Ukraine protests spread as opposition snubs compromise
The Ukrainian opposition said a compromise deal offered by President Viktor Yanukovych was not enough to end the country's worst crisis since independence, as nationwide protests spread to the president's eastern heartland.
With Ukraine shaken by a week of violence between police and protesters, all three main opposition leaders attended the Kiev funeral of one of three activists shot dead in the unrest.
The protests began over two months ago over Yanukovych's rejection of a pact with the European Union under Russian pressure, but have now turned into an all-out bid to oust him from power.
Tensions remained high in Kiev as several dozen protesters seized control of the Justice Ministry late Sunday, smashing windows and erecting barricades based around rubbish containers outside, an AFP correspondent saw.
Europe has urged dialogue between the two sides -- a call echoed by Pope Francis who voiced hope in his weekly Angelus prayer on St Peter's Square that "the search for common good may prevail in the hearts of all".
Under unprecedented pressure, Yanukovych on Saturday offered the opposition posts in government including that of prime minister, but his opponents said the offer fell short of their needs.
Yanukovych offered to share leadership with Fatherland party chief Arseniy Yatsenyuk as prime minister and UDAR (Punch) chief and world boxing champion Vitali Klitschko as deputy prime minister.
Klitschko, who is believed to have a personal rivalry with Yatsenyuk, condemned the proposal in an interview with German newspaper Bild am Sonntag.
"This was a poisoned offer by Yanukovych designed to split our opposition movement," he was quoted as saying.
Opposition leaders have been careful, however, to neither accept nor explicitly reject Yanukovych's proposals. They have said talks will continue although it is not clear when.
Yanukovych's office has also said the president is willing to consider constitutional changes to reduce his power and return to a system according more authority to the prime minister.
The EU delegation in Ukraine on Monday "urged the government to uphold the promises and announcements made during negotiations with the opposition".
A crucial day in the standoff is expected to be Tuesday when parliament will meet in an extraordinary session to debate key sticking points in the crisis, including possible changes to protest laws.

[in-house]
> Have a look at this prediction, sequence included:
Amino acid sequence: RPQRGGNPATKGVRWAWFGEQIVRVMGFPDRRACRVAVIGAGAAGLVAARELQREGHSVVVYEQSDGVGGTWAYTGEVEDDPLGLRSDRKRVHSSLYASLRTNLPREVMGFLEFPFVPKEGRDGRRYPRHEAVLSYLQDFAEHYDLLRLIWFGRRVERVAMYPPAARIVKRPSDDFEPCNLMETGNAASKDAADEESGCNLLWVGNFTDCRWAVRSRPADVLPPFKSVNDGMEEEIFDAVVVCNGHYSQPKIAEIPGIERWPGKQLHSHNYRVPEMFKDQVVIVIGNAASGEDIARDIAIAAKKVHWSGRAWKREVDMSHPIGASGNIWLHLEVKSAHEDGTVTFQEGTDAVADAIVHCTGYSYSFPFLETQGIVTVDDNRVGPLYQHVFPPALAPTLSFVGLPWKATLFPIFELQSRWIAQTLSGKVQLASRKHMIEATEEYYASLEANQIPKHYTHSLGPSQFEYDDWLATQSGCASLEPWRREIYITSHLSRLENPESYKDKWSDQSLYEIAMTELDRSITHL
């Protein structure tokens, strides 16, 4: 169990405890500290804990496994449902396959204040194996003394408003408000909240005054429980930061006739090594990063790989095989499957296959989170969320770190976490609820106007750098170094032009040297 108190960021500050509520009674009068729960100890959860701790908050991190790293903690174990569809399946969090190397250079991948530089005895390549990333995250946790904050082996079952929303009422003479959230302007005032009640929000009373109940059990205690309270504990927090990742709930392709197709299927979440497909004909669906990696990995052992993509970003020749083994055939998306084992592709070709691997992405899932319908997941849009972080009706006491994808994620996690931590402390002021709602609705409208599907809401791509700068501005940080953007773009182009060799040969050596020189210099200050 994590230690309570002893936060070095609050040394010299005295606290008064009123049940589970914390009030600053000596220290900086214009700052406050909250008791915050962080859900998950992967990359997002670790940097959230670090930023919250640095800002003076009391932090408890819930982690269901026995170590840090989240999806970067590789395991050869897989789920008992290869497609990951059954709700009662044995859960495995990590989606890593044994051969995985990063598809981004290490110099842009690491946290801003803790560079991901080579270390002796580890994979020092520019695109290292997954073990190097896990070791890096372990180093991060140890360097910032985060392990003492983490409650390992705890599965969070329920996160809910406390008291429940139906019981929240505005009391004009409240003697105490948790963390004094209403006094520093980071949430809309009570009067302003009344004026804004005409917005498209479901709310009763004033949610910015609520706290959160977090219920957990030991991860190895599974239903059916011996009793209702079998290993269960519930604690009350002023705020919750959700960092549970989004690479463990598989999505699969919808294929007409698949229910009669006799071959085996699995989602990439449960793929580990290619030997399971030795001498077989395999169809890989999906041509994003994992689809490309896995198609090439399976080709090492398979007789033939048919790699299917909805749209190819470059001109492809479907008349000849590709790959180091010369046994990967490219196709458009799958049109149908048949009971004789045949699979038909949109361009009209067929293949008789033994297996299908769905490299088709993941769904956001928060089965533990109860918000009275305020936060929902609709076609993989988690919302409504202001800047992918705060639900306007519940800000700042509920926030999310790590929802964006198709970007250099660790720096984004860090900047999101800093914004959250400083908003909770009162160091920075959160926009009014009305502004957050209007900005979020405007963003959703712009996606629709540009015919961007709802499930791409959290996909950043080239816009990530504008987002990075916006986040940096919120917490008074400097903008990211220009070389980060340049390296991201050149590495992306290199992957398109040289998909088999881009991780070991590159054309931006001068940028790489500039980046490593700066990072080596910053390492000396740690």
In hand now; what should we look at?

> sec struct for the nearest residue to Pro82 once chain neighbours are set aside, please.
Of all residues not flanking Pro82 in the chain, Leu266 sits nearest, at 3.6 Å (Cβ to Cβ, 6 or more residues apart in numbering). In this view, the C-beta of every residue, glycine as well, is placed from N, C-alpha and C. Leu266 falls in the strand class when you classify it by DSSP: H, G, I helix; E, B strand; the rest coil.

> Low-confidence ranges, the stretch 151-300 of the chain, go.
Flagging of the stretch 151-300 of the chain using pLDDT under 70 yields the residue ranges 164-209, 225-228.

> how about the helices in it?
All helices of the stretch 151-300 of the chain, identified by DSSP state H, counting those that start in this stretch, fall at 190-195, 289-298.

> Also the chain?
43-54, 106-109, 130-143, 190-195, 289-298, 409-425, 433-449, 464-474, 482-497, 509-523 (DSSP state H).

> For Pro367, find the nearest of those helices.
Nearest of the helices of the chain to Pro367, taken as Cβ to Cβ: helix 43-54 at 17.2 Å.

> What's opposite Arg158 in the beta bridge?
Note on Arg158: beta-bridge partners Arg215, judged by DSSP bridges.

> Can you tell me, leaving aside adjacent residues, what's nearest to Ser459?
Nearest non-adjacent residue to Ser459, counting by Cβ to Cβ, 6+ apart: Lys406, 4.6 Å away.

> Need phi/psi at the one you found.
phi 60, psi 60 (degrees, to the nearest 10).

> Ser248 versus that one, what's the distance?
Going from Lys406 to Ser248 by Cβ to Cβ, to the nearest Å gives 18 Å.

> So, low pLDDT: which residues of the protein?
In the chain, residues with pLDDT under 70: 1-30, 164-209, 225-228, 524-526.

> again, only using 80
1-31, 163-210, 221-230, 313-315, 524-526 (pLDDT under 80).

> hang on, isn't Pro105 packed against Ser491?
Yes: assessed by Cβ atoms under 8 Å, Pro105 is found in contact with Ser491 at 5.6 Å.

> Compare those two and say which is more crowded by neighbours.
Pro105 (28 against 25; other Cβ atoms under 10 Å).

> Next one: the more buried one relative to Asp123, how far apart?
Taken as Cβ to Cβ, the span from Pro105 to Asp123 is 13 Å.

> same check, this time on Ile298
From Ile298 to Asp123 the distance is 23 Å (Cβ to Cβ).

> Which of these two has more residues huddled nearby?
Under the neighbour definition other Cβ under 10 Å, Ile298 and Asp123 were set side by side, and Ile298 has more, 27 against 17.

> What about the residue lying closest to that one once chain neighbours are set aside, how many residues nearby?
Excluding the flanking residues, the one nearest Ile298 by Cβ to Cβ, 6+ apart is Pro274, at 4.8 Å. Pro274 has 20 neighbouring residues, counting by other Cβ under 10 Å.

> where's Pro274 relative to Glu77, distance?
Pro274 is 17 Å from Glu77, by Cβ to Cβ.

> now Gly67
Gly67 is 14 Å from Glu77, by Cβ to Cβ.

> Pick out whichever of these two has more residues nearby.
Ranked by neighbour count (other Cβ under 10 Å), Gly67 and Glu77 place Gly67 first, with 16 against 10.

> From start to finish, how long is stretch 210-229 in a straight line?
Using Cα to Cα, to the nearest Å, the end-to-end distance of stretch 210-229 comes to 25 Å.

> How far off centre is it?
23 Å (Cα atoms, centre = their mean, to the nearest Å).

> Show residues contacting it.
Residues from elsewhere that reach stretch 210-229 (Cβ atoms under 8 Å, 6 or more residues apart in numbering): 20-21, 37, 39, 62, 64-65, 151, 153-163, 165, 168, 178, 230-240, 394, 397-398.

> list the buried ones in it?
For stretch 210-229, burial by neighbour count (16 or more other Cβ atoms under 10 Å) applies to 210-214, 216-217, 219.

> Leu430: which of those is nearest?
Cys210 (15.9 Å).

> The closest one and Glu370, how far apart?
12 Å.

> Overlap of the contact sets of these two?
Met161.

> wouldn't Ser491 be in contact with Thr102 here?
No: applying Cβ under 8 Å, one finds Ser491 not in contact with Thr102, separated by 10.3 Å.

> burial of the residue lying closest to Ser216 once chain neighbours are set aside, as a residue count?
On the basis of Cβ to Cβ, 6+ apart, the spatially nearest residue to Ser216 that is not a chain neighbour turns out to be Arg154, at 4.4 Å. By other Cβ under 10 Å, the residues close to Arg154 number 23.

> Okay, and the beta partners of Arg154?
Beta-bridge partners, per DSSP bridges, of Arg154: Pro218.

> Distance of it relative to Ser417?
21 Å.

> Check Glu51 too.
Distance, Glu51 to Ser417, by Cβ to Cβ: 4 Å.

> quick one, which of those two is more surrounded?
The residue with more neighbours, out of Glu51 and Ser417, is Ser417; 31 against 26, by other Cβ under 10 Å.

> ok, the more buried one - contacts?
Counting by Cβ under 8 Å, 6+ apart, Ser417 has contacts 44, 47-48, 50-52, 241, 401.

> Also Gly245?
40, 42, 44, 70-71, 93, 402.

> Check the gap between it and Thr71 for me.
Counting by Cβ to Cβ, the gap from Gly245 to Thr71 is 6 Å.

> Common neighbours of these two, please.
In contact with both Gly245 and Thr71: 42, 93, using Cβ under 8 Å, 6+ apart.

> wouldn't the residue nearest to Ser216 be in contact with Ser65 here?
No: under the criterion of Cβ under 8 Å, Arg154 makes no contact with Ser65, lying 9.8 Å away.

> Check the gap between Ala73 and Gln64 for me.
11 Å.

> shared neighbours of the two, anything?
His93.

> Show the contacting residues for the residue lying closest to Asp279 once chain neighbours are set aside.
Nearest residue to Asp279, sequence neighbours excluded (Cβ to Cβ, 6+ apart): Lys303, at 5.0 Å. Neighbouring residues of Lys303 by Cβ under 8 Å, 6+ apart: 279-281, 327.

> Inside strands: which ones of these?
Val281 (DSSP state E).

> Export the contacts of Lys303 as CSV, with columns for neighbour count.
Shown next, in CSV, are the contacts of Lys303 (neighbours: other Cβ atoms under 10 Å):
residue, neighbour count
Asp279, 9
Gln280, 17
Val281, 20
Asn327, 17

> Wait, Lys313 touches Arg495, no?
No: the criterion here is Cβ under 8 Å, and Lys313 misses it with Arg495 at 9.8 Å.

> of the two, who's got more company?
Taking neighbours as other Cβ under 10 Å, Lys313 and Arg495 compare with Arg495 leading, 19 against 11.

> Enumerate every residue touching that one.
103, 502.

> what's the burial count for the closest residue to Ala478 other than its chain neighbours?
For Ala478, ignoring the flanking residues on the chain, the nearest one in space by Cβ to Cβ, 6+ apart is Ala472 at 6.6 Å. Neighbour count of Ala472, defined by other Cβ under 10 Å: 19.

Yanukovych has notably failed to respond to the key opposition demand to bring forward presidential elections due in 2015 and has also shown no sign of releasing jailed opposition leader Yulia Tymoshenko.
"We want the authorities to understand that we will stay until victory, and most of us see that as the departure of Yanukovych," said 22-year-old protester Bogdan.
Alarm for Yanukovych as rebellion spreads
Thousands of activists meanwhile laid siege to local government offices in four Ukrainian cities including the eastern hub of Dniepropetrovsk, Sumy in the northeast and Zaporizhya in the southeast that have in the past been sympathetic to Yanukovych.
Police used batons and stun grenades to break up the rally in Zaporizhya, causing injuries, local media said.
Protesters have already occupied regional administrations in 10 Ukrainian regions to campaign against Yanukovych-appointed governors.
De facto powers in the occupied regional centres have passed to local pro-opposition lawmakers or improvised "People's Parliaments" set up by the protesters themselves.
An emotional crowd packed Saint Michael's Cathedral for the Orthodox funeral to pay their last respects to 25-year-old Mikhail Zhiznevsky, who lost his life at the height of the clashes Wednesday.
Mourners bearing flowers and waving Ukrainian flags hailed the Belarussian national, who had been living in Ukraine for several years, as a hero of their country and noted that Sunday would have been his 26th birthday.
"He was a very brave, very kind person who gave his life for the future of Ukraine," one mourner, Iryna Davydova, told AFP at the ceremony which was attended by Klitschko and other opposition leaders.
'The coming days may decide'
In its statement on Monday, the EU stressed that an end to human rights violations by the government "was a prerequisite for the restoration of trust".
But it also urged the opposition "to preserve the peaceful nature of the demonstrations and clearly distance itself from all those who resort to violence."
Western leaders expressed alarm over the crisis.
German Foreign Minister Frank-Walter Steinmeier described the situation as "not only tense but truly serious", adding: "The coming days could decide Ukraine's path into the future."
British Foreign Secretary William Hague told BBC television he was "very worried" and said the protest movement should not be seen as "an East-West struggle" with Russia.